It's really not about whether Bernard or I have jobs or not because jobs come and go. In terms of a program, I carry my program with me wherever I go--whether it's in radio, whether it's in a school; wherever I am. So on that level there won't be any loss for me, but in terms of what it means to the public; in terms of the changes that we have seen in legislature; you know, we've seen new voices being legislated out of ability to start up in radio; we've just seen that Congress has just about decimated any ability for microradio to abound in this country; and we are pretty much along with our sister station in the Bay Area the last stand.

This is about people's freedom; it is about human rights and social justice. It's about the poor; it's about the homeless; it's about the voiceless. And if we don't demand that they keep this station at the same level, I cannot say what it would mean.

BW: And it's also about access. As you know, Ken, on Wake-Up Call, one of the things that we have provided for community groups is almost instant access. People would call me up in the middle of the night with something important and they would wind up getting on the program the next day. And I daresay that there's no other program that has provided the kind of access that Wake-Up Call does.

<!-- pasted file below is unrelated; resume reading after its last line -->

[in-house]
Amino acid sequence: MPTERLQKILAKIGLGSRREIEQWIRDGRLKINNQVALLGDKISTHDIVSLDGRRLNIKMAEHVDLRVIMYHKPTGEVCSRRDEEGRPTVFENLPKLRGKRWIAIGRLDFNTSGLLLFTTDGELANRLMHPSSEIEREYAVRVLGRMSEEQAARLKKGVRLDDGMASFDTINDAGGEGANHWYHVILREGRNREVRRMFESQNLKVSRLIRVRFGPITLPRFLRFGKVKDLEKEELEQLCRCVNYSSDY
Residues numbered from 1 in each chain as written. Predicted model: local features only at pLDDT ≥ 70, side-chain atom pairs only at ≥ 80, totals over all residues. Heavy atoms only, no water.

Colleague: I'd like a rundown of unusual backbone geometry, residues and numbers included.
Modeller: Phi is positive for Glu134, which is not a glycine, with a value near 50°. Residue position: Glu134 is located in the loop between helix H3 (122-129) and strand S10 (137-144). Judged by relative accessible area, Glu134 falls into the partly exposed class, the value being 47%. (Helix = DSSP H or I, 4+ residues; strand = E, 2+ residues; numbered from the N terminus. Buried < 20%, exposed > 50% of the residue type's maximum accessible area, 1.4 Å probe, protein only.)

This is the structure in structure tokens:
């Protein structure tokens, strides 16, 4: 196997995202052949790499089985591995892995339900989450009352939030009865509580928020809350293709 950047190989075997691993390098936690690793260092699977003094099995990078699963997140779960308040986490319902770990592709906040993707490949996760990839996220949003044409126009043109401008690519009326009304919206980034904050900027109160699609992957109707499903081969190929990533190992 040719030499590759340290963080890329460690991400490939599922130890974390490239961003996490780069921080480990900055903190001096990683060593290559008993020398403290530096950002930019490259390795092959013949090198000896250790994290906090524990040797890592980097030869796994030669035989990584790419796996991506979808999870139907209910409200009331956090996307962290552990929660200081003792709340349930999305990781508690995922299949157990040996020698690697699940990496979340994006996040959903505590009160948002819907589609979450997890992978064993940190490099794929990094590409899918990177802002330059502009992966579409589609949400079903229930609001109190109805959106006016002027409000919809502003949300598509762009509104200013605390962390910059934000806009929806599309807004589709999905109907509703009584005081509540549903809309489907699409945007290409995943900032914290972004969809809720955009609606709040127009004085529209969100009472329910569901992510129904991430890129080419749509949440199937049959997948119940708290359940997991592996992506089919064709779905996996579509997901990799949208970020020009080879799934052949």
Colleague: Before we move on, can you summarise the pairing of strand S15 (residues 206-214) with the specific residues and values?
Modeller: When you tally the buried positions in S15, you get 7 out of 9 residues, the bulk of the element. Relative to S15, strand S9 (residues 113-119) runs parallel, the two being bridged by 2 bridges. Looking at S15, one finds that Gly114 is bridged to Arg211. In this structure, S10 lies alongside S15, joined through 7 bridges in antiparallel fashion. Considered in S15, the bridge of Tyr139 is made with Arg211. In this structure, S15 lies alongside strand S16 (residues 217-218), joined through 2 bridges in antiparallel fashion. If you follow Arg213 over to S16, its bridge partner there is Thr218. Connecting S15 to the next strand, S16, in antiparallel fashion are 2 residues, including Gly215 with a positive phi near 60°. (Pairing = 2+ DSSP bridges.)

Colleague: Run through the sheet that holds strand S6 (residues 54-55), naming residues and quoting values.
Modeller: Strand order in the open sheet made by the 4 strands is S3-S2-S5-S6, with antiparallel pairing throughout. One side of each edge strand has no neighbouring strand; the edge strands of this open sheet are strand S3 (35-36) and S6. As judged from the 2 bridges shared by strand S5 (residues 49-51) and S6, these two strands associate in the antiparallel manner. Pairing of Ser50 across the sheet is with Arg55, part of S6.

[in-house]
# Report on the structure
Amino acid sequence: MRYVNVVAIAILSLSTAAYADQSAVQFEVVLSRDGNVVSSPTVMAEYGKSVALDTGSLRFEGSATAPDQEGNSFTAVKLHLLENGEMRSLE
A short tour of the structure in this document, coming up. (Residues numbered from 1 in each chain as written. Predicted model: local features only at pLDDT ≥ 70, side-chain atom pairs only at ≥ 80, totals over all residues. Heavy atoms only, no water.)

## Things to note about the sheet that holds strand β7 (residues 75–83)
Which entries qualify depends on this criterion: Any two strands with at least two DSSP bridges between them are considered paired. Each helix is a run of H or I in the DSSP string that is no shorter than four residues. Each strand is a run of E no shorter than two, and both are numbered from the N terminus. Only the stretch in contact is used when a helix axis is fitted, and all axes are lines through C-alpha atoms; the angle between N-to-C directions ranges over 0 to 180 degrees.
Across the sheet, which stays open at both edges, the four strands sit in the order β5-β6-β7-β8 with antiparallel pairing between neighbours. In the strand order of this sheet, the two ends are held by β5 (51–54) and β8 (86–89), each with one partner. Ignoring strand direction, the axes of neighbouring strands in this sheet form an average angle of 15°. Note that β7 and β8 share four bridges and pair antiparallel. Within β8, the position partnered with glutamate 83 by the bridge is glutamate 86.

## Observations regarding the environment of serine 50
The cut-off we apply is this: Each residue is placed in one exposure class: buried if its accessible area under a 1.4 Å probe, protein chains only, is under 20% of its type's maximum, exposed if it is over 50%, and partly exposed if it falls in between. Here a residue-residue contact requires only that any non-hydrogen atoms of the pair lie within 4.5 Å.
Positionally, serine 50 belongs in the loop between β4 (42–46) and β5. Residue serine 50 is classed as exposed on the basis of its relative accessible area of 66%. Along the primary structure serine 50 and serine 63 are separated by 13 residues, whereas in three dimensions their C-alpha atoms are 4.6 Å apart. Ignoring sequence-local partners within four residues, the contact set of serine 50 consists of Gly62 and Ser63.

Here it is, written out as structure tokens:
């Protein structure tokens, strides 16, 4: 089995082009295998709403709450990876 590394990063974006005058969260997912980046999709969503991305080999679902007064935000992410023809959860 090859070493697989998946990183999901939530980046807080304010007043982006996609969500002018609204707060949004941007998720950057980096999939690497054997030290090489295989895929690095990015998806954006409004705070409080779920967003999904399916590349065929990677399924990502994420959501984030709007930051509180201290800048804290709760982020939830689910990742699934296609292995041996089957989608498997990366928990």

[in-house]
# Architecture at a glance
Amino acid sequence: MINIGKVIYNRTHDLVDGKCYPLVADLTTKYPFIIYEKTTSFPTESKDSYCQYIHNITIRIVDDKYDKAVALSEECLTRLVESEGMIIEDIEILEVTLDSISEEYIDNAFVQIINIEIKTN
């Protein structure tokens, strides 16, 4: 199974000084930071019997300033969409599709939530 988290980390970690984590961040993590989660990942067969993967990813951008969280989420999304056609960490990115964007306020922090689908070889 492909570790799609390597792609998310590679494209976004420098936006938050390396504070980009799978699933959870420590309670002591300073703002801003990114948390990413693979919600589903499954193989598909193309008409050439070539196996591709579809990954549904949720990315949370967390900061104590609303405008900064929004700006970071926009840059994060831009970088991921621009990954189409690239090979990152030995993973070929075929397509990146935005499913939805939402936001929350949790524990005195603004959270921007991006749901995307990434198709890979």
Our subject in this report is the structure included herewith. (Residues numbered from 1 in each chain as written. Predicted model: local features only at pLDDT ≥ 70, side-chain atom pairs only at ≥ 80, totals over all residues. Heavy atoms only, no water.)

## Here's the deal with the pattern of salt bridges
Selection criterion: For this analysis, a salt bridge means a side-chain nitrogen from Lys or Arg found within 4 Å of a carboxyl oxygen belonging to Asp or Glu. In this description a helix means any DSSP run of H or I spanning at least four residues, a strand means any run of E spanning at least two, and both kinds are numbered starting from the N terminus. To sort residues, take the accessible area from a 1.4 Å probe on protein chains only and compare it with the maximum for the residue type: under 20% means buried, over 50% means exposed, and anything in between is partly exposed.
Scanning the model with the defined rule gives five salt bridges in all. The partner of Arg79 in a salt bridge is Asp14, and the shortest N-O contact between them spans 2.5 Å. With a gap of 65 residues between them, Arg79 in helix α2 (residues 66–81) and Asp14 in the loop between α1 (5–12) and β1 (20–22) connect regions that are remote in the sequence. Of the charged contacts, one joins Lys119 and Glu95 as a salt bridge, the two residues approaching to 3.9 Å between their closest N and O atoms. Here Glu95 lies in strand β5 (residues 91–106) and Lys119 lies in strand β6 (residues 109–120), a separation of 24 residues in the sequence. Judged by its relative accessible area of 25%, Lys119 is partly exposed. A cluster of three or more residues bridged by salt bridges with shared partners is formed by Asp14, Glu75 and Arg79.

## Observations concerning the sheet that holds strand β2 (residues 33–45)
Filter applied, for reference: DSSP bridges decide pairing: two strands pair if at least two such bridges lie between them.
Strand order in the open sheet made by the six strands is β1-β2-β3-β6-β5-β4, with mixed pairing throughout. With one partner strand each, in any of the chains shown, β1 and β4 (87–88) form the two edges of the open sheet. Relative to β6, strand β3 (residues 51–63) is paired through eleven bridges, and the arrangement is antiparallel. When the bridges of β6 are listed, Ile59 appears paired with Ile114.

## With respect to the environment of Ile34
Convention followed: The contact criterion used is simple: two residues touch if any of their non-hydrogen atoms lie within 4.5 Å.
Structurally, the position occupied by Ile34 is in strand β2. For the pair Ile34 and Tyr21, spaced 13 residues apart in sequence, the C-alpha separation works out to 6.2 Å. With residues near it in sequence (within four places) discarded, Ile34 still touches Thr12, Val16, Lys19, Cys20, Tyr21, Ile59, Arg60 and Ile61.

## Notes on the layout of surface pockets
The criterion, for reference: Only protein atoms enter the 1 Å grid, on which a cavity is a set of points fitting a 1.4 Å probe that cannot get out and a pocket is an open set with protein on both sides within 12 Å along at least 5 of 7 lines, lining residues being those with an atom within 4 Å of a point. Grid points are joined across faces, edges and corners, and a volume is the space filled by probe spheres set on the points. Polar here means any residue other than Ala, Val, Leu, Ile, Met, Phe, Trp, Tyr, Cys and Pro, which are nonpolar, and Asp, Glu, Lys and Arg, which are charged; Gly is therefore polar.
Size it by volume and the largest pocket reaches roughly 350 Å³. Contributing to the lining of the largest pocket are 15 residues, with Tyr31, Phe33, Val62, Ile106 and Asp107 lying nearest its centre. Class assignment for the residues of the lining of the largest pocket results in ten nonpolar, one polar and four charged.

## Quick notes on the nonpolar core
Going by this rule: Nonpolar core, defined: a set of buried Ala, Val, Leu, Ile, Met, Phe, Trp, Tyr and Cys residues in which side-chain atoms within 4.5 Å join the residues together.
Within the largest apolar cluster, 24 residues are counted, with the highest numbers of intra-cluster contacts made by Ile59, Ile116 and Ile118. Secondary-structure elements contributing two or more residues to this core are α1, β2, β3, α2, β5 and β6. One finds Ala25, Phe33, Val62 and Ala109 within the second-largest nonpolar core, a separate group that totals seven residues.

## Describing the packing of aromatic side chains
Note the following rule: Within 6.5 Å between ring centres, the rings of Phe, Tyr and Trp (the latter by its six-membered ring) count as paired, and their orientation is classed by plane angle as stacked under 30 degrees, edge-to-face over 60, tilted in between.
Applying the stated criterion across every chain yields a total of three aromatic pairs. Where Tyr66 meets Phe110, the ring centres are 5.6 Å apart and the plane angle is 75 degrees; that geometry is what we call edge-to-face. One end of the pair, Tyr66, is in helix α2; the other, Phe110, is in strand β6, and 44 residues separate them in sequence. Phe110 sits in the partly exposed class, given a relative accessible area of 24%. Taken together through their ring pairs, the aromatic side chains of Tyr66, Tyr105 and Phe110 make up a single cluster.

Now I'm not saying that because I'm not there, that can't happen; but I don't think that that philosophy is there anymore. You know, both Sharan and me, as well as Janice K. Bryant and Amy Goodman, were able to be flexible enough or open enough or had the philosophy that, you know, these airwaves actually do belong to the people in our community. So almost instantaneously, if something would arise, we would provide them with access. And I'm sure that if you look through the day, that that doesn't happen to the degree that it happens on Wake-Up Call. And I don't think that that will continue to be the case.

SH: And let's not forget Errol Maitland, who put his life on the line to bring listeners the story of what was happening at the Dorismond funeral.

BW: It's all part of Wake-Up Call.

SH: Yeah.

KN: Well, if you think to maybe two or three months from now, what do you think may be changed at WBAI? What direction do you think is going to be coming and who's to be determining that direction?

BW: Well, I think that what... I, Ken, you know I hate to be pessimistic, but I got a feeling that we have entered a slippery slope here where the listeners are going to feel betrayed once they begin to hear what's going to happen, and once they recognize, once they get a lot of the information; and, they'll probably not support the station to the degree that it has been supported.